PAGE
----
We went with Fair Winds. I researched the heck out of it, which I tend to do to everything. To excess. Fair Winds was reasonable, and at the time we finally called them for schedule they had a lot of open weeks in November and December. We went with the early December, thinking most people would be otherwise engaged that soon after Thanksgiving and ramping up into the Christmas marketing
We sailed, sailed, and sailed some more. By the time we got to the end of the day and were practicing picking up mooring balls, we were ready for Rum
thirty. And we didn't just sail in and grab a mooring ball. We would get close enough to tap one with the boat hook, and then our instructor would point at another one fifty yards away and tell us "Good job. NOW go set up for that one." One day there at Little Jost van Dyke we went all the way through anchoring
. Then we pulled the anchor
and motored down to the next spot and picked up a mooring. So you see, there were plenty moorings to pick from.
Now, one of the reasons we went with Fair Winds was because they were willing to let us reserve the whole boat. It was just the two of us ( yeah, "The Admiral" and me) and the instructor on a Leopard
42. We paid some extra for this, of course, but we had already decided that we wanted to know what it was to run a boat short handed with just the two of us. Impossible of course, as we had the instructor there too. But he laughed when we finally let him take the wheel
, which I think was on Thursday. We didn't want six other students on board. Despite the best of intentions, you cannot find out what it's like to run the boat just the two of you if there are six other willing pairs of hands all around you. Besides, they need THEIR time at the wheel
, boathook, winches, dinghy
etc. this was not going to be our cruising experience, we are limited to four hands and a little dog that would like to be helpful if he but only had opposable thumbs......or so he says.
So we got soaked in it. The first day coming out of Red Hook headed for Maho we tacked 36 times. By the end of day one I knew a whole lot about not letting the sheet run through your fingers. And I mean that. Not just in the abstract:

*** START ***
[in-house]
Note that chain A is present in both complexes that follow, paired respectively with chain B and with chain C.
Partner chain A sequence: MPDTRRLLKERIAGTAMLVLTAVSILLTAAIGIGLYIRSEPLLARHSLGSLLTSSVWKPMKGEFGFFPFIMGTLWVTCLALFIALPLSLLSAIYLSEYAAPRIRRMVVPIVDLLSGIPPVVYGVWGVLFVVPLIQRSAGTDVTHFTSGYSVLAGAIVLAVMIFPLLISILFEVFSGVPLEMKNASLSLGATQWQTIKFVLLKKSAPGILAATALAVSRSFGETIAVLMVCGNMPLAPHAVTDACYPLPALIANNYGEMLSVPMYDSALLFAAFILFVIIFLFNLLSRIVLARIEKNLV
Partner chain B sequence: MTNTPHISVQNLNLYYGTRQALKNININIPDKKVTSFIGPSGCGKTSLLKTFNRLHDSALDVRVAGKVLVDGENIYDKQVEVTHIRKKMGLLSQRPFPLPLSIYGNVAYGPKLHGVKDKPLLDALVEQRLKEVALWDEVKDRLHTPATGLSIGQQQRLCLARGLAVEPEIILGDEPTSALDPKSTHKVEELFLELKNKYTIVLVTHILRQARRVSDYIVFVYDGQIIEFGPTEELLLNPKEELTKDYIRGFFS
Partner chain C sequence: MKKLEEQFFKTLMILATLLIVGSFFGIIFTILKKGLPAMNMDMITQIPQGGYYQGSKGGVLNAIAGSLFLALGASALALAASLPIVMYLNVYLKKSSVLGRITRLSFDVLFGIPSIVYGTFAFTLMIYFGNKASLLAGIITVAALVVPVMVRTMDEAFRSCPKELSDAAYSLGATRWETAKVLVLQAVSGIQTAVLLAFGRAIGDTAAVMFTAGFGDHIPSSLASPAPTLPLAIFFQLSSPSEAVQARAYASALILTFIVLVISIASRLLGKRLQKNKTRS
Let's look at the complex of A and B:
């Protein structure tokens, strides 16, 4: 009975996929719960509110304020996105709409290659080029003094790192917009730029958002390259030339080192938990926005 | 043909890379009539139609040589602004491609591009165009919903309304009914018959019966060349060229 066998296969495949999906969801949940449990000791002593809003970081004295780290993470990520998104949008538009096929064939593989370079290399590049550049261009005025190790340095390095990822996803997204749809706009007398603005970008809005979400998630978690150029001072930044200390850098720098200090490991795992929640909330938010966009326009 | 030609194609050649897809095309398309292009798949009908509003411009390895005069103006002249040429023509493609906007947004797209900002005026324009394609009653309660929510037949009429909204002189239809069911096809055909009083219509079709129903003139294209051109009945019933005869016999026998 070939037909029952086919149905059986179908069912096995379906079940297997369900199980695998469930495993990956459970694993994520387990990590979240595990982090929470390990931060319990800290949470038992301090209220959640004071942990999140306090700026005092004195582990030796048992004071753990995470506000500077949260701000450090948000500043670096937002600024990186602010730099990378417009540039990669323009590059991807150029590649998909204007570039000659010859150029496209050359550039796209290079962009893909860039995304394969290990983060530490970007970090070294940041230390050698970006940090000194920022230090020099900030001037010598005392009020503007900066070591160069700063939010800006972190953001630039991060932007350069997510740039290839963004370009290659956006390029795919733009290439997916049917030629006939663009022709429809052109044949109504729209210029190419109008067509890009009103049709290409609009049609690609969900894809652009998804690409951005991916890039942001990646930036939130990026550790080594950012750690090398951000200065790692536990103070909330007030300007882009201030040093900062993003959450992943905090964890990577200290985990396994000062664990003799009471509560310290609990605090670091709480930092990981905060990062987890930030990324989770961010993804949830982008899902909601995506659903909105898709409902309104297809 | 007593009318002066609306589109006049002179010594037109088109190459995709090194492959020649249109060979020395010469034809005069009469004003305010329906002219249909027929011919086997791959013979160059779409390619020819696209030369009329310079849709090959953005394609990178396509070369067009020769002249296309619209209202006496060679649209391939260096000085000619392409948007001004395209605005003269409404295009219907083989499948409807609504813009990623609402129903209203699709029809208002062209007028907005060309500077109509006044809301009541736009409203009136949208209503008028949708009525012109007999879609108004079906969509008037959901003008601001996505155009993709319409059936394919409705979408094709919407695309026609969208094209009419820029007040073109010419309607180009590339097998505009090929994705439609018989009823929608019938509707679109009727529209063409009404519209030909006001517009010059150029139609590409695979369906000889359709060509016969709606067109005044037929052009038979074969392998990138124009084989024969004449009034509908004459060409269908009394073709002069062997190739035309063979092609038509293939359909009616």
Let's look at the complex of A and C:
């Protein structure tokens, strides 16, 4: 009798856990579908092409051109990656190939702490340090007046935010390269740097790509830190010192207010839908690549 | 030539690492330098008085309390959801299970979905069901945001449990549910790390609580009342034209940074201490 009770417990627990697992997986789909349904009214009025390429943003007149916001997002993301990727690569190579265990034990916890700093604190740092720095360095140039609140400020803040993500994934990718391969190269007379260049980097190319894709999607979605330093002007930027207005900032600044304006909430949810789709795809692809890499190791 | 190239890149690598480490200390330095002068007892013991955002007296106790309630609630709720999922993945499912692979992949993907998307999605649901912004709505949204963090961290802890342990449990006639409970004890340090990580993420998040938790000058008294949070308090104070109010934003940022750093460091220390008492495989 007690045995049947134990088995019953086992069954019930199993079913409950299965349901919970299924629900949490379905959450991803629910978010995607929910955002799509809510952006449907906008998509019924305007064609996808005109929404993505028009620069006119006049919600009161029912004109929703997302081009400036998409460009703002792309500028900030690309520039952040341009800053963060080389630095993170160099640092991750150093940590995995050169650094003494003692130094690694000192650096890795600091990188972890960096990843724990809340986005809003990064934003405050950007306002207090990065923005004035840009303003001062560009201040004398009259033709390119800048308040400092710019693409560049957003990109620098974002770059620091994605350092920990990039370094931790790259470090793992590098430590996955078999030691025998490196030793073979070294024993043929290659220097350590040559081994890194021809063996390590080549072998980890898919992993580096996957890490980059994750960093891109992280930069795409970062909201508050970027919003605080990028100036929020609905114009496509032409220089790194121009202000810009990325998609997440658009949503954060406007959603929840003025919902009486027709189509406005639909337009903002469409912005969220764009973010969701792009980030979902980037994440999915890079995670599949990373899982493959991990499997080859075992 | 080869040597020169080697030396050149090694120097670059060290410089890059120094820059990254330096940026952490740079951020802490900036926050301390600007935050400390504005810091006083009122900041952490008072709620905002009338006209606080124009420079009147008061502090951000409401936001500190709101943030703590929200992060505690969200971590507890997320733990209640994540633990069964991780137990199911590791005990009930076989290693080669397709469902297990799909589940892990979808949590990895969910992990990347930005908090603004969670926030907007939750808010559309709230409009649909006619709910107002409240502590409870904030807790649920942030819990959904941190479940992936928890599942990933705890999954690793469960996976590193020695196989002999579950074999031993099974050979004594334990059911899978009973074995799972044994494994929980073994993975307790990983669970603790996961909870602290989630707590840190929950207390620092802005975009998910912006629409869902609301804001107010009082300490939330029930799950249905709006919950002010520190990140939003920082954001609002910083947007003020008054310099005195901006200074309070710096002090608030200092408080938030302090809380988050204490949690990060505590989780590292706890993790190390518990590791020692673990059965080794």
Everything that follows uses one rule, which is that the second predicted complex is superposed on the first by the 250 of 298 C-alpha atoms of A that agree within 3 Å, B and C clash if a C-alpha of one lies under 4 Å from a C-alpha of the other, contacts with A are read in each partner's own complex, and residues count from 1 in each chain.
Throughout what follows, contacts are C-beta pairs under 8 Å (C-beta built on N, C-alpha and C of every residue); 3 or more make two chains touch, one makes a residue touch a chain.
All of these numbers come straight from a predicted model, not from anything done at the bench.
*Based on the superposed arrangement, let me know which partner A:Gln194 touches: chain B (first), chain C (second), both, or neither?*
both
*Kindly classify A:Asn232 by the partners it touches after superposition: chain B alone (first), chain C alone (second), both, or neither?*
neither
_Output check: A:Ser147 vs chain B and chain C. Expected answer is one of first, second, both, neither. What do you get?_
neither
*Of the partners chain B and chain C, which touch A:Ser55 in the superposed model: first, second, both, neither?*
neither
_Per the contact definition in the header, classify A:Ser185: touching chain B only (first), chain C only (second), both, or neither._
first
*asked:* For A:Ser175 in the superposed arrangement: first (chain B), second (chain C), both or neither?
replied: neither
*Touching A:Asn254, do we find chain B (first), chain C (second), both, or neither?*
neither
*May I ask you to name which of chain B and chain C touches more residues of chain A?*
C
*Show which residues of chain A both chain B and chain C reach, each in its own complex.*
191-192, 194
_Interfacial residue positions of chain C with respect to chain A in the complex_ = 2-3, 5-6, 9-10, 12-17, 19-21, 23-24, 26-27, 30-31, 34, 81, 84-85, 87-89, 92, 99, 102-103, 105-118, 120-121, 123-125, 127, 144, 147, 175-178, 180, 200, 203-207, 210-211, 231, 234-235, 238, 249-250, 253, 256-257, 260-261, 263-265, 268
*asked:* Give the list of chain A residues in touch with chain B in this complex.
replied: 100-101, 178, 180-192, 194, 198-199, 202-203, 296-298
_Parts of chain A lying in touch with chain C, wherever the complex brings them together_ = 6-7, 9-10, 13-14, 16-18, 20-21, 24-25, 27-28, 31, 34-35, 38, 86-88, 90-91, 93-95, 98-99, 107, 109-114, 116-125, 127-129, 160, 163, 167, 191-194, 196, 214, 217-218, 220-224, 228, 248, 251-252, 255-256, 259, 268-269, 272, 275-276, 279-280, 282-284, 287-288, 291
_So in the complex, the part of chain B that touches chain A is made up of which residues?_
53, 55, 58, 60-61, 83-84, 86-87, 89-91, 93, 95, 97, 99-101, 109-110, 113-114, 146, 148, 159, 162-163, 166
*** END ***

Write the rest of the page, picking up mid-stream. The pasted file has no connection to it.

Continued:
IF we had a bunch of other students on the boat, what would have happened now? Well, what would have happened is that I would have spent the rest of the week doing something else that didn't involve handling lines or anything that touched burnt fingertips. But it being just the two of us, what actually happened is that I had to keep working the winches, hoisting the main, hauling up the dinghy, hurt fingers and all. Gosh. Just like for real. Nobody to spell me. Do you think I learned THAT lesson? Oh yeah. I didn't do it again, I tell ya.
Another advantage of the December timing was that we got the "Christmas Winds", and learned to sail in 20-30 kts, every day. Doing 11 kts in that 42 footer became our normal day. One reef or two? It's not abstract to us now. It's how we learned.
We were able to jaunt off the beaten path when we wanted. For example, on one windy day we circumnavigated Jost for the heck of it. Way out into the Atlantic, in some attention getting seas, and on the other side there was not a sailboat in sight. Cats handle funny
in a large, following sea on a broad reach. Its one thing to read it, another to spend a day in it in the open Atlantic.
So, we feel we got the best experience and learning environment
that we could arrange. We had the instructor to ourselves the entire week. We learned, as closely as we could, what it would be like with just the two of us on board for every task from cooking
to clearing immigration. yeah, it cost a few extra bucks to have the boat to ourselves, but since the whole purpose of this was to learn how us two old fogeys would do sailing a catamaran without a crew...we felt it was worth every penny.
Only three people on board a boat with two heads means no waiting. SOMEbody's gonna be at the helm